That is why I chose to go now.  So I signed up for a People to People trip  with Insight Cuba.  The tour  is called  “Jazz in Havana.”
The majority of the world visits Cuba without restriction. Not so for  US citizens,  who are highly restricted and the tours must have specific purposes.  Before 2011 even these kinds of tours were not permitted. It's a shame, because you don't have to be here but a few hours to see  what a wonderful country Cuba is to visit.

Our group of 24,  met in Miami, got acquainted, and had a short introductory orientation.  The next morning I left the hotel after breakfast at 10:00 AM and for 10 minute ride to the airport and a 90 mile flight  to Havana 

 My first stop was the small town of Jaimanitas, and the studio of ceramic artist Jose Fuster. Just over 30 years ago he began decorating  ceramic tiles, mostly in his home. He has now expanded to decorating most of the neighborhood and most of the neighbors homes.  His work is fabulous and  he is a brilliant folk artist, who chooses  ceramic tile as his medium.  I bought one of his tiles for $30 and I am proud to add it to my meager art collection.

At 5:30 I checked into the Melia Cohiba hotel, on the waterfront in the center of Havana.  For a country that is poor, and is  considered to be  3rd world , this hotel is  quite luxurious.  Then I was off to dinner at El Templete which is famous for its traditional Cuban style seafood.  Cuban food in general is quite bland, but this meal was scrumptious.

Day Two
After breakfast we  had an hour lecture with Cuban musicologist Alberto Faya.  In the context of survival he talked about what we do to preserve our lives and our culture.  Conquerers, he told us, not only bring their concepts and culture , they impose it on those whom they conquer. So the Spanish, when they landed here in the late 1400s  pretty much wiped out the culture of the native Cuban inhabitants. Thus came Spanish  musical influence to Cuba.  Shortly after that came the slave trade and the Africans infused the culture and music of their native lands into Cuba.  That was his first example of  what he calls Transculturation.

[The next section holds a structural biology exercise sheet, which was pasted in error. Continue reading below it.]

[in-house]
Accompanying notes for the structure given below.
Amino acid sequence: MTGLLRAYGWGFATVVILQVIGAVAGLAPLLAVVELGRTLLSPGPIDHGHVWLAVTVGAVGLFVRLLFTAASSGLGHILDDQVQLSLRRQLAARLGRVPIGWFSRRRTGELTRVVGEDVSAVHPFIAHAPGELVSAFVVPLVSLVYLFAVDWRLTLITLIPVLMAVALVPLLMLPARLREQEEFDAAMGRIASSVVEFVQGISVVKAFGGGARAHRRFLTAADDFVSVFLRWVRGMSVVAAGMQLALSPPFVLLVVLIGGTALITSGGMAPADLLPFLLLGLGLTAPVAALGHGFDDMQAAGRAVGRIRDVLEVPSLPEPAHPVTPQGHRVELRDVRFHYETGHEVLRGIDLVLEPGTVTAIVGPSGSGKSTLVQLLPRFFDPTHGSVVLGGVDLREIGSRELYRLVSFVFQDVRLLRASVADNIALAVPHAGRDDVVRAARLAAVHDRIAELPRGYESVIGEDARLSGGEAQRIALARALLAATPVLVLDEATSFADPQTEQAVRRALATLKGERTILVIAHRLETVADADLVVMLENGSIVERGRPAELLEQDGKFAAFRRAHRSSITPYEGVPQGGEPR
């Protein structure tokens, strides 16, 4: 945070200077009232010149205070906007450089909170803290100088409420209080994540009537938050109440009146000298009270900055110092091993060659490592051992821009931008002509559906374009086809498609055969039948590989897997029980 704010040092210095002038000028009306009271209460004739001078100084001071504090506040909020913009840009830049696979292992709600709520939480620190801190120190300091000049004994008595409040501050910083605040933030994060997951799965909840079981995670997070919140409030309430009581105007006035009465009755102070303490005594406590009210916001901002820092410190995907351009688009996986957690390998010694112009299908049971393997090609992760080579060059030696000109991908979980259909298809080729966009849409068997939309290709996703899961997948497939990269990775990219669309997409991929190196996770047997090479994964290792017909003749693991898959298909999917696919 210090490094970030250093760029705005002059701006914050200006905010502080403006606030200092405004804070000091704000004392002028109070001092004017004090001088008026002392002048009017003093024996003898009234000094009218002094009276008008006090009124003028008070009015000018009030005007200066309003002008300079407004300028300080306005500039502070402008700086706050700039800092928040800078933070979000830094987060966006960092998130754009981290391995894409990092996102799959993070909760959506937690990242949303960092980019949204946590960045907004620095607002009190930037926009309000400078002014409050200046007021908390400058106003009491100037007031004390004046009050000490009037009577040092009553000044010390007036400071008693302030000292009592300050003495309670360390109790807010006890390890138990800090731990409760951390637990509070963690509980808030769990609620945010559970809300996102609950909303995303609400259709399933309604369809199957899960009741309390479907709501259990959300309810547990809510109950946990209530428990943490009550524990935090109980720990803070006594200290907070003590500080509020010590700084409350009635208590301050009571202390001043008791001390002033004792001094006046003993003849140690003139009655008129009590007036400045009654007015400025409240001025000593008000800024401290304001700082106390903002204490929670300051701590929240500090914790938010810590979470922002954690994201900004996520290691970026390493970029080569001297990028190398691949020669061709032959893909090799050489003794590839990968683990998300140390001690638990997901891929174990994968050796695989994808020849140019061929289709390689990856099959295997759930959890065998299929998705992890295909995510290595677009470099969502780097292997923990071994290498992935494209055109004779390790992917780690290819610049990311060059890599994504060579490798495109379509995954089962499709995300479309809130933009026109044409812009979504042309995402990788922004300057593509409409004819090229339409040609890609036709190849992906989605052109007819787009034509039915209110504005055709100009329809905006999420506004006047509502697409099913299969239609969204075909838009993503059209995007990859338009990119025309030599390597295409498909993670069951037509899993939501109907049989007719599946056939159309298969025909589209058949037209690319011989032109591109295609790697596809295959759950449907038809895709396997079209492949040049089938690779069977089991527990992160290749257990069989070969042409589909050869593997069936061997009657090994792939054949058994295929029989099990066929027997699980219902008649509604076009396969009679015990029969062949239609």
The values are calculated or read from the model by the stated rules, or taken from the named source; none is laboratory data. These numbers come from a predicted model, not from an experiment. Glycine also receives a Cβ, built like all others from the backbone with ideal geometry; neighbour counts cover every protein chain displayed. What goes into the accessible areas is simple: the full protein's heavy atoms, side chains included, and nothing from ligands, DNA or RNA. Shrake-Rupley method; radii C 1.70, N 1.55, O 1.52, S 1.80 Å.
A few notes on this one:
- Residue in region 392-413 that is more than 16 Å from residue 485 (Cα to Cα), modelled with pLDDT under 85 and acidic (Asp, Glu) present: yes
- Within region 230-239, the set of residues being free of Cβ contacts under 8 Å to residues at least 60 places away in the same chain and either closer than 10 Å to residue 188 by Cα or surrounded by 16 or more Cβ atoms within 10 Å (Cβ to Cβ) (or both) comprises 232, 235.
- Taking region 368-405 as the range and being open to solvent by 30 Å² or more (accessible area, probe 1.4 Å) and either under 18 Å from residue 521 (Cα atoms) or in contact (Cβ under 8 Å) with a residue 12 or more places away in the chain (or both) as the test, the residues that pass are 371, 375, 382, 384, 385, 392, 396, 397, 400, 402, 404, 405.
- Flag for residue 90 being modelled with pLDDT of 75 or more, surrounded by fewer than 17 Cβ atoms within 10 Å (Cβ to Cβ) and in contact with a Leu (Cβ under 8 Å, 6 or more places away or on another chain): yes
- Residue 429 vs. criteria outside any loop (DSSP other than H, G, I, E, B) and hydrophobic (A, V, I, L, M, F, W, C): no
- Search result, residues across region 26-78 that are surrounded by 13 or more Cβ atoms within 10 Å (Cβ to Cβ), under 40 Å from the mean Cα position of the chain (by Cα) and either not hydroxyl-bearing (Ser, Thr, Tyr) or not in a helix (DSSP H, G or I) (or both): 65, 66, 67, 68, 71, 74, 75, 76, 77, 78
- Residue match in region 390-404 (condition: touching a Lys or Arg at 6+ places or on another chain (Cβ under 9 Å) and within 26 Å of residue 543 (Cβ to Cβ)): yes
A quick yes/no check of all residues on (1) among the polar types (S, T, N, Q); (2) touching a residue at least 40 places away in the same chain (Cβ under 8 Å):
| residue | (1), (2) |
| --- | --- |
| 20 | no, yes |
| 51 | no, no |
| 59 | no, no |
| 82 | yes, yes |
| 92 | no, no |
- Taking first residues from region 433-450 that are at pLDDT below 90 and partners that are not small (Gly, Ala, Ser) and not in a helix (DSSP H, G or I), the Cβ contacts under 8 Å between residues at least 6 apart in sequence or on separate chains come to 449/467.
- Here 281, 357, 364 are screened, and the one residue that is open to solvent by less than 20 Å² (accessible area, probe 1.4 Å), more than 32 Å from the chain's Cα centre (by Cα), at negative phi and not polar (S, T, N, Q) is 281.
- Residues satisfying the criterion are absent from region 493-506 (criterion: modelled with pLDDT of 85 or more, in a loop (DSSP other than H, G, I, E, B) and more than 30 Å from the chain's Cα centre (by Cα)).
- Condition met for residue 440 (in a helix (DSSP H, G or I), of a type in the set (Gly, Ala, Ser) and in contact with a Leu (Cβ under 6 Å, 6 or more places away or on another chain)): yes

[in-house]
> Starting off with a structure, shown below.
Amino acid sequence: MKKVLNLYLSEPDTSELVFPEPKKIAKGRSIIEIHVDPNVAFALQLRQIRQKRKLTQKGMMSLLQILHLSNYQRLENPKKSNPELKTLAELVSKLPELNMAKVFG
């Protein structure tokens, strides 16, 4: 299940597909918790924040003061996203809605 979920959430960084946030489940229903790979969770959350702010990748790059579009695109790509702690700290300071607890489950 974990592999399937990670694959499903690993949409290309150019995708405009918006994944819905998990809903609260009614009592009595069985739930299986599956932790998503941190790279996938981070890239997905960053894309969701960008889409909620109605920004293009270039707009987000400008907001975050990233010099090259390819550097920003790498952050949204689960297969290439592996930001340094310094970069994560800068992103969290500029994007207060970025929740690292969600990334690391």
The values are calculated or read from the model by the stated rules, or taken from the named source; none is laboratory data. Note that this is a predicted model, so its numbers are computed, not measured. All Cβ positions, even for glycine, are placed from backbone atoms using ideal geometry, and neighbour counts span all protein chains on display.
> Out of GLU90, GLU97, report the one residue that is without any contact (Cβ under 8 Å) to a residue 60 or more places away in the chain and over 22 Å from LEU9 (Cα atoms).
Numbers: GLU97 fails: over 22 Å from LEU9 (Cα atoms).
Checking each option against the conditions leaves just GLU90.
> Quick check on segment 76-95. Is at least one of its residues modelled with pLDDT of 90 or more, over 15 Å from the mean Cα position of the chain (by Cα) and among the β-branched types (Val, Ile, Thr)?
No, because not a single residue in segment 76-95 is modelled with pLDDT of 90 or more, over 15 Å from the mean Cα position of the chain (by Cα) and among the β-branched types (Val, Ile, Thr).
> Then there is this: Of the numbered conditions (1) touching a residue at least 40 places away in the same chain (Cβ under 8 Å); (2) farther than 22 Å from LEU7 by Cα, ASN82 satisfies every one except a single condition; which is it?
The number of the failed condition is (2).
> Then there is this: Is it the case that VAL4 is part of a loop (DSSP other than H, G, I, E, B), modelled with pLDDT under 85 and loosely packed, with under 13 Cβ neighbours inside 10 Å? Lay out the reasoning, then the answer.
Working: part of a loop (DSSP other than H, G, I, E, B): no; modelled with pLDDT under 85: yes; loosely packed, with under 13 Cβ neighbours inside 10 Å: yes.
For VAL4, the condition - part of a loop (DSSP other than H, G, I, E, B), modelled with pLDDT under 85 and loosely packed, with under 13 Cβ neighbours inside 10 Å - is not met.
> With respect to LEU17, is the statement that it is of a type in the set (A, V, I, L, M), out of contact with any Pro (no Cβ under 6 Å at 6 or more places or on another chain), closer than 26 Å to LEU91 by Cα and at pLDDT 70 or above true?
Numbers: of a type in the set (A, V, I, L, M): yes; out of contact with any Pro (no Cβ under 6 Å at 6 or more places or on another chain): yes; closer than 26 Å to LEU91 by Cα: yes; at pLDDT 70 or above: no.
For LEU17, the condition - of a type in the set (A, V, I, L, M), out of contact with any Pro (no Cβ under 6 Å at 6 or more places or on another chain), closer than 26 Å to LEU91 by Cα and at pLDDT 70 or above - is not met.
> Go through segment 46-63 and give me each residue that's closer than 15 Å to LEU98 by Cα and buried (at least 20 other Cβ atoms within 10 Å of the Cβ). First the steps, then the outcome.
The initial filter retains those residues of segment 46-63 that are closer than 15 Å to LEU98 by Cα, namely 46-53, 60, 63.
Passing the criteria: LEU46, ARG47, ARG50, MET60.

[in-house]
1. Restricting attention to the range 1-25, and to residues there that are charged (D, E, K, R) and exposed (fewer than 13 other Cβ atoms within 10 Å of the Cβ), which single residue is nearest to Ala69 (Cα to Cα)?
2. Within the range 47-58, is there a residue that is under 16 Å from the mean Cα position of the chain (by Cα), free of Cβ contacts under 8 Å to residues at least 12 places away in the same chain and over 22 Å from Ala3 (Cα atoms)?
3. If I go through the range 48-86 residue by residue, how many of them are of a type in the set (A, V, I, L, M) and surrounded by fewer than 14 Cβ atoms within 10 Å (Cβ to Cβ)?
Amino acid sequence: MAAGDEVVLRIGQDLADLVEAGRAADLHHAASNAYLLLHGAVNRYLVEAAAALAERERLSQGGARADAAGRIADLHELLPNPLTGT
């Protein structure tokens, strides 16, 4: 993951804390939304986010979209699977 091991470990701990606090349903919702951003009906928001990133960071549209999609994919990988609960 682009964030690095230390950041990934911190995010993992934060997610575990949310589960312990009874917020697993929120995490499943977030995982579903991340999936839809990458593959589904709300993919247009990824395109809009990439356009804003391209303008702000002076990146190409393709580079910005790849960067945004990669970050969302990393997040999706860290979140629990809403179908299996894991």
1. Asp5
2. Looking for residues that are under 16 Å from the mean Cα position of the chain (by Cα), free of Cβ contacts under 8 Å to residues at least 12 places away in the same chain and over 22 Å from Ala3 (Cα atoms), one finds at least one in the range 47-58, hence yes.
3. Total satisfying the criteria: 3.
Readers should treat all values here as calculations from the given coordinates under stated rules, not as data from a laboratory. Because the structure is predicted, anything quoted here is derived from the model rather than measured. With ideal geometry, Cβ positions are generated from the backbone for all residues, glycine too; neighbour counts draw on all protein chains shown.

His second example was Jelly Roll Morton .  Because of the proximity to the US  the influences of Cuban and American music  became intertwined, with some American music (mostly Jazz) absorbing Cuban influence and vice versa. His talk was  fascinating.

Then it was onto our bus with my 24 newest friends for a walking tour of Old Havana.  This used to be a walled city, but as it grew beyond its walls, the walls finally came down. Some remnants remain.  Old Havana is now pedestrian only. As I walked on the Plaza de Armas we learned about the Capitan Generals wife  who got splitting headaches from the loudness of the cobblestone streets. So he had the street in front of his house dug up and replaced with a much quieter wood surface, which still exists today.

Plaza de Vieja is a beautiful old plaza with very colorful and beautiful buildings, but we can already see  stores like United Colors of Bennetton and Lacoste,   staking out locations  in preparation for the normalization of relations with the US   Carnival Cruises is planning to add Cuba as a stop  sometime in the next 6 months— then things are gonna change quickly.